Art / Indigenous & Aboriginal

Beizam – Law and Order with Ken Thaiday Senior


Ken Thaiday Senior, respected artist from the Torres Strait Island, presents his visions and art with grace and eloquence. With his wife Liz by his side, they have been transported from one world to another to be honored in Washington, D.C. during NAIDOC Week, which celebrates the achievements of the Aboriginal and Torres Strait Islander people. Mr. Thaiday reveals a perspective into a world of dreams, faith, nature, fishing, dancing and art all the while connecting ancient spiritual traditions to contemporary Christian times.

Raising his finger to the sky, Mr. Thaiday gives praise to him above. He shared that it is because of God that he is an artist and where he is today. Mr. Thaiday explained his Beizam – hammerhead shark headpiece as a symbol of law and order. For in the water, he said, “the shark is king. What would happen if the boat turned over, have my life jacket but what would happen in the water? The shark may be there, come by to nip. Come around and nip again. Nothing you can do except pray.”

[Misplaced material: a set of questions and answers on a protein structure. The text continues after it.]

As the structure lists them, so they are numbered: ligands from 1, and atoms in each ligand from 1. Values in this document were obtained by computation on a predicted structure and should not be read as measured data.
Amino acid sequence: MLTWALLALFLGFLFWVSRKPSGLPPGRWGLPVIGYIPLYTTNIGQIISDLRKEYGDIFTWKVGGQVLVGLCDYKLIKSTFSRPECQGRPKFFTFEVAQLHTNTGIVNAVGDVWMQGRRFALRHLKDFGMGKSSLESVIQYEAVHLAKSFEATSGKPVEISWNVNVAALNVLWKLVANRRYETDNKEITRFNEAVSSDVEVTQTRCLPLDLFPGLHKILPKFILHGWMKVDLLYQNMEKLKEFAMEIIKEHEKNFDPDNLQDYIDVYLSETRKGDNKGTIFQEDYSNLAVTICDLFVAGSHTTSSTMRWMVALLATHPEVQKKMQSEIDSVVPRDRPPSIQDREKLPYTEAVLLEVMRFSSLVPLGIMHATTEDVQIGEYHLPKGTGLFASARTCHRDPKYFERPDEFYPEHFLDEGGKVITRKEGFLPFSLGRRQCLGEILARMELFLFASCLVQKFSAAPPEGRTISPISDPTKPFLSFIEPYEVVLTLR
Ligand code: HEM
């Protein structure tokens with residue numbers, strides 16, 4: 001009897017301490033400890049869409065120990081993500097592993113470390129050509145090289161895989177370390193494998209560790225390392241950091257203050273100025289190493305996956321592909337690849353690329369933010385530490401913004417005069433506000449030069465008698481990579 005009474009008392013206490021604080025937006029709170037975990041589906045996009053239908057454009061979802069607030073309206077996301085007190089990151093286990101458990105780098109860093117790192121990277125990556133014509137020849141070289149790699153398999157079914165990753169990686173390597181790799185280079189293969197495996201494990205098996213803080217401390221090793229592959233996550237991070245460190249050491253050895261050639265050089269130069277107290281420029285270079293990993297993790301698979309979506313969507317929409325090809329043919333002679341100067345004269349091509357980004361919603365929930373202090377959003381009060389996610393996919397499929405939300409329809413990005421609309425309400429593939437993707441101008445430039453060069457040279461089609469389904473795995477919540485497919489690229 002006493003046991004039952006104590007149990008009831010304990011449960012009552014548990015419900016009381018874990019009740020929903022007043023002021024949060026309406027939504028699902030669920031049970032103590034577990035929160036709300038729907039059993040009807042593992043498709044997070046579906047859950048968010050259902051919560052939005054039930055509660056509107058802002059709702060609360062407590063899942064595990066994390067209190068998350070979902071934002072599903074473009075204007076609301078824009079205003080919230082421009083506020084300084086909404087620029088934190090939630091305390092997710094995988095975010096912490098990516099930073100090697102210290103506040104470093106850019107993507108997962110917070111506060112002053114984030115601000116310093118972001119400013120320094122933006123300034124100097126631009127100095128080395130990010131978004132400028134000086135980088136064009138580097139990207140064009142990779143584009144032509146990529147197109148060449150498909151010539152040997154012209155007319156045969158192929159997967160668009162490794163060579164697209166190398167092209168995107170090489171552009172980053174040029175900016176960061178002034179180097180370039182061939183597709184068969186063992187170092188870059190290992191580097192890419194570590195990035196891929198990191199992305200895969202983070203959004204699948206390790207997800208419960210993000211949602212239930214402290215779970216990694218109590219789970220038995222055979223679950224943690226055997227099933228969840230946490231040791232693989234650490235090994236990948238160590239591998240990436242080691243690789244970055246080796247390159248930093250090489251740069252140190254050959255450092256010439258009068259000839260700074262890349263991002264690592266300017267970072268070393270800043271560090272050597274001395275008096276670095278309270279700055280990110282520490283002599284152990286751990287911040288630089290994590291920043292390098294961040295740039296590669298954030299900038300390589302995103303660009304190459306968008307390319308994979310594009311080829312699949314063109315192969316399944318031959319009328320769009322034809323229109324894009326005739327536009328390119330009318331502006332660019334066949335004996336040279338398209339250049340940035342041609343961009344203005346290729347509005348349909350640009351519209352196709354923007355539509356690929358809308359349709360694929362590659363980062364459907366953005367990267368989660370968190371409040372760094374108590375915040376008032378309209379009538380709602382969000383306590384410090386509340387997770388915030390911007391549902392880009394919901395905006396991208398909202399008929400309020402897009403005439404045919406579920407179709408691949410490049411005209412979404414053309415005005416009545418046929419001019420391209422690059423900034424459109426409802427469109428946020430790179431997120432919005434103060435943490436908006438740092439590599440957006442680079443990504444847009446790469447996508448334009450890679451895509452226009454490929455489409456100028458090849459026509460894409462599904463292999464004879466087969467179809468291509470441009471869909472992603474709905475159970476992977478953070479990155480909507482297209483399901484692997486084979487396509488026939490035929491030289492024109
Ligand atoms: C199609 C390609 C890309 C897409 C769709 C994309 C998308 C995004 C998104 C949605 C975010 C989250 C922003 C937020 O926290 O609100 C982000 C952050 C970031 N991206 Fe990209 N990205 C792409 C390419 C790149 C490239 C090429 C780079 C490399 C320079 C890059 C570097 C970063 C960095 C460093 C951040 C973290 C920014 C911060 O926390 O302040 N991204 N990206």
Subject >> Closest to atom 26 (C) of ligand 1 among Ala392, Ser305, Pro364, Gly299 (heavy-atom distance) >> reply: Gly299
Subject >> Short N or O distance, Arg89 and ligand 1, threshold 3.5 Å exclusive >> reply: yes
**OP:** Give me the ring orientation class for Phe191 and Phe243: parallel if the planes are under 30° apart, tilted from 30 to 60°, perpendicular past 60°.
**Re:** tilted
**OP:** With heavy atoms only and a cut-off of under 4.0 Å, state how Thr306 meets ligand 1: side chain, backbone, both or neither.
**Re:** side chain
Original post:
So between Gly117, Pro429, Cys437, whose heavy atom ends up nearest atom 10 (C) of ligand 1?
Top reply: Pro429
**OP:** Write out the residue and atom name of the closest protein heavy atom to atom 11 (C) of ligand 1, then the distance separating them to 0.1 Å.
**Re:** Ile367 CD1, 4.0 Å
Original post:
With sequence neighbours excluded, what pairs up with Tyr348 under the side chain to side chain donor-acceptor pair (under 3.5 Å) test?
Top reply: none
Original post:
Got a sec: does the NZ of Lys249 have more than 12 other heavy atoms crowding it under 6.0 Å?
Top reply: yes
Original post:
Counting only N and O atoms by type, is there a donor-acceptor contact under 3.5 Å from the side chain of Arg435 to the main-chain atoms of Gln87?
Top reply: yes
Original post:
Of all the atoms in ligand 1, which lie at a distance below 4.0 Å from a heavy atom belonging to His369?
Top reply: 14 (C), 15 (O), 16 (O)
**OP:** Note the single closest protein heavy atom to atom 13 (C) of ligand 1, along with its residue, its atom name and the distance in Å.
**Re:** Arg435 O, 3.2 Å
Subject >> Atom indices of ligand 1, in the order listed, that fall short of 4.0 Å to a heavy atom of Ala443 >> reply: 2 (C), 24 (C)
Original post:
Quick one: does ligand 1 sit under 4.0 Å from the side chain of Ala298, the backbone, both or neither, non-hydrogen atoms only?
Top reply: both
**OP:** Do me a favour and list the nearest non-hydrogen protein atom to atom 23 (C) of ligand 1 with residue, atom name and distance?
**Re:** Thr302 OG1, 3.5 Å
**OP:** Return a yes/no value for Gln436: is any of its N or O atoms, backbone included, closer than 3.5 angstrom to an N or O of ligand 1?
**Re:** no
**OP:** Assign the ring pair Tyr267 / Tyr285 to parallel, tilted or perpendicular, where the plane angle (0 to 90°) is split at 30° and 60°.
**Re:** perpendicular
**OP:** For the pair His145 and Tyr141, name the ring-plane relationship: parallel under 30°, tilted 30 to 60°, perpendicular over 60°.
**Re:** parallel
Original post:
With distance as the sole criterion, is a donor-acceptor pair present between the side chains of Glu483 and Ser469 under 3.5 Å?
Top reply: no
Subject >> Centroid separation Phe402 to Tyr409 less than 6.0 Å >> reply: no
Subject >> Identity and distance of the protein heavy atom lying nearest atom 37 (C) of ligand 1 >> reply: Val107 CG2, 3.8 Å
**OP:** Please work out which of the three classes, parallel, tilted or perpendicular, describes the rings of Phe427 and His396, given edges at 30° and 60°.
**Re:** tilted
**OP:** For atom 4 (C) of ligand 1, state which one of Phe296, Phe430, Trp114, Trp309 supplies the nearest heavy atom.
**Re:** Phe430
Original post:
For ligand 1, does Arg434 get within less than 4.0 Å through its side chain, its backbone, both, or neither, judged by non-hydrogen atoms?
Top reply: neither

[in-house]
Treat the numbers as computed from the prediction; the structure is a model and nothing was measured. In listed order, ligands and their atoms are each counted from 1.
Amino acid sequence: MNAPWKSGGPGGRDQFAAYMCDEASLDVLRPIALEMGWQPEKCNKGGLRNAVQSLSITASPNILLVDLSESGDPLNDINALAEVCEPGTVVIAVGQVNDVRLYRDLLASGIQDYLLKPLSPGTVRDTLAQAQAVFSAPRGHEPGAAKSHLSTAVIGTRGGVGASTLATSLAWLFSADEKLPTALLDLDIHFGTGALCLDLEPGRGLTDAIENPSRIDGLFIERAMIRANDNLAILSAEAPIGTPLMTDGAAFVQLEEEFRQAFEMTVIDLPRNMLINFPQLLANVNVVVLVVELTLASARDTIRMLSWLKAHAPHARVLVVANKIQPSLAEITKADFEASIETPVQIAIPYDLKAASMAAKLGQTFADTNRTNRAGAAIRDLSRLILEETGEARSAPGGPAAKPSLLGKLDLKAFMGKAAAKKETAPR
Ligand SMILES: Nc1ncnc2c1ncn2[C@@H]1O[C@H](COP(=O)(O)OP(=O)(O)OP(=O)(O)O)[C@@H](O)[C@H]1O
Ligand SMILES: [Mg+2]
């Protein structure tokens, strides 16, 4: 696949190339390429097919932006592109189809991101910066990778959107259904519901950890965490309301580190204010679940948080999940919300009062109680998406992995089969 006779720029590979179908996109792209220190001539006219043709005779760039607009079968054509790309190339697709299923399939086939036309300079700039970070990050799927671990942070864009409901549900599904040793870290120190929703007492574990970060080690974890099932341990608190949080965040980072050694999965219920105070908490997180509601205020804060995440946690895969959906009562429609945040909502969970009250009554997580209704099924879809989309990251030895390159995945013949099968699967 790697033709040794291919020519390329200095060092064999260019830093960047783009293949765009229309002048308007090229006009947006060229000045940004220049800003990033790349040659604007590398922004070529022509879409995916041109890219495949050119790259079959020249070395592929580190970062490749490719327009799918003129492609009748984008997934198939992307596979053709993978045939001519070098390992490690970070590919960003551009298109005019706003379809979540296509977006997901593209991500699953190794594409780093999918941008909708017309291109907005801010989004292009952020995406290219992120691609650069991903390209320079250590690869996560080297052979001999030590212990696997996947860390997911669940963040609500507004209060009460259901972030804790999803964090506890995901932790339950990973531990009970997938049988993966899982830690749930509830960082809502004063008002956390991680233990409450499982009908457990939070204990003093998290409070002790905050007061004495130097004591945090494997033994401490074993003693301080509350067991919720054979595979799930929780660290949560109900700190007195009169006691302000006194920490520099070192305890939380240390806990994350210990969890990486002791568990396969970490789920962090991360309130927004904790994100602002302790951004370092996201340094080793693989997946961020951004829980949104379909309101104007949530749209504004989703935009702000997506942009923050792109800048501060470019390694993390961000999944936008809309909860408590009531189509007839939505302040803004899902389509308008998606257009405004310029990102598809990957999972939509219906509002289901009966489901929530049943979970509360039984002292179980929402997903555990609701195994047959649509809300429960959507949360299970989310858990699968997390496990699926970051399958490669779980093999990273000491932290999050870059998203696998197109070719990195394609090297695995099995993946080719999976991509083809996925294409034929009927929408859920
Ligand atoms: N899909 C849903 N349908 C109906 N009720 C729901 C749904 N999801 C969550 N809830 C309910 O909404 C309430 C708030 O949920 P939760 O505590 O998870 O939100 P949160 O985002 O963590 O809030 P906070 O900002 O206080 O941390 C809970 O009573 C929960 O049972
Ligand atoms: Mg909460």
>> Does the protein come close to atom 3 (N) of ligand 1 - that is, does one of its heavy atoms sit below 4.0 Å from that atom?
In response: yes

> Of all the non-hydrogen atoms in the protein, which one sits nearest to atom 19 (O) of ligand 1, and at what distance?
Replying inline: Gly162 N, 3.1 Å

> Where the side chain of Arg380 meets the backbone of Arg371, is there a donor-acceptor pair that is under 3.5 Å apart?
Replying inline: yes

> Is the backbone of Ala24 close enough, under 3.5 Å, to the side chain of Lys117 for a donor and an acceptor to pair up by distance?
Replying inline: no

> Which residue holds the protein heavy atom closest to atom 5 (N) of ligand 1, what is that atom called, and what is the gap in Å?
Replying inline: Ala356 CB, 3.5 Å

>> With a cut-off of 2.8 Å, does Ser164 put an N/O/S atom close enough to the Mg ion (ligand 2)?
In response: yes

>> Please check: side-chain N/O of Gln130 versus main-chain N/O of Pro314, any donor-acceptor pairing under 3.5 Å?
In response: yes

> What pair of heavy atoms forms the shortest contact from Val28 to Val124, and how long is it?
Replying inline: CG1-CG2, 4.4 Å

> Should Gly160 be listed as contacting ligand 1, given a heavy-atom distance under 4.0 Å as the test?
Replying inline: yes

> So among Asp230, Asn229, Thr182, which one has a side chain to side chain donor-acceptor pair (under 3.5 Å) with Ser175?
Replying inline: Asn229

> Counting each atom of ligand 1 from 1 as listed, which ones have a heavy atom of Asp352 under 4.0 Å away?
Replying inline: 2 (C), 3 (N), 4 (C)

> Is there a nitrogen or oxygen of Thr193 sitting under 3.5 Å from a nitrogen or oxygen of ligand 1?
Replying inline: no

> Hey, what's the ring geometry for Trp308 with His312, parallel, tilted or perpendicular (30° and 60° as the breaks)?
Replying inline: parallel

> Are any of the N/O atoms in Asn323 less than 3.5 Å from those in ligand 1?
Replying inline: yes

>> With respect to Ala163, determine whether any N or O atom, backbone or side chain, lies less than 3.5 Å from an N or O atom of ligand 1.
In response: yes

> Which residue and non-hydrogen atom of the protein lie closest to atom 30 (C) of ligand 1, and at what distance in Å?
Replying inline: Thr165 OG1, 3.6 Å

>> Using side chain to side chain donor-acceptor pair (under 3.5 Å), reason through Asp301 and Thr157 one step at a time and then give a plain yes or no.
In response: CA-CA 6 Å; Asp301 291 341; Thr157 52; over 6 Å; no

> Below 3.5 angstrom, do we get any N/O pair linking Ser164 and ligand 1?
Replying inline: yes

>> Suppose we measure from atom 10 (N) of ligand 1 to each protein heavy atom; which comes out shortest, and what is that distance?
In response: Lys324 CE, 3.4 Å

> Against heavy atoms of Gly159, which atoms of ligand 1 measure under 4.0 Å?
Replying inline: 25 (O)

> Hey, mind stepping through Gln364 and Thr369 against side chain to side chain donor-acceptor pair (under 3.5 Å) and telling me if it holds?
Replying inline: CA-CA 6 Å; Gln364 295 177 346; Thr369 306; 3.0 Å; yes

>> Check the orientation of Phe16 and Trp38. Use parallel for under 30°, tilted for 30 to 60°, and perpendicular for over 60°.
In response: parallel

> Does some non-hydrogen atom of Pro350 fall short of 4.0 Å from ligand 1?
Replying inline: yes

Mr. Thaiday explains the delicate balance in nature of being in the wrong place at the wrong time and faith being the carrier to safety. Symbolic of this delicate relationship is his hammerhead shark headpiece, which has been donated to the permanent collection at the Australian Embassy. The piece is approximately two feet high made of bamboo in three shades of colors reflecting the colors of the shark in the water from brown to grey to blue. Mr. Thaiday has white feathers by the jaws to represent the white foam of water as the shark feasts on unsuspecting prey. Working with the bamboo is a delicate process as the splinters are plenty and painful.

Mr. Thaiday, originally from the island of Erub (Darnley Island), is from a family rich in indigenous traditions. He is well respected throughout his community and beyond for bridging the indigenous world to the contemporary world. With a small group of dedicated collectors, he continues to develop his art and share the indigenous tradition of dance.

Knowing the challenges in life, Mr. Thaiday insists, “You must have faith and trust in the Lord.”

By Keri Douglas, writer/photographer, Washington, D.C.

In Ode magazine.


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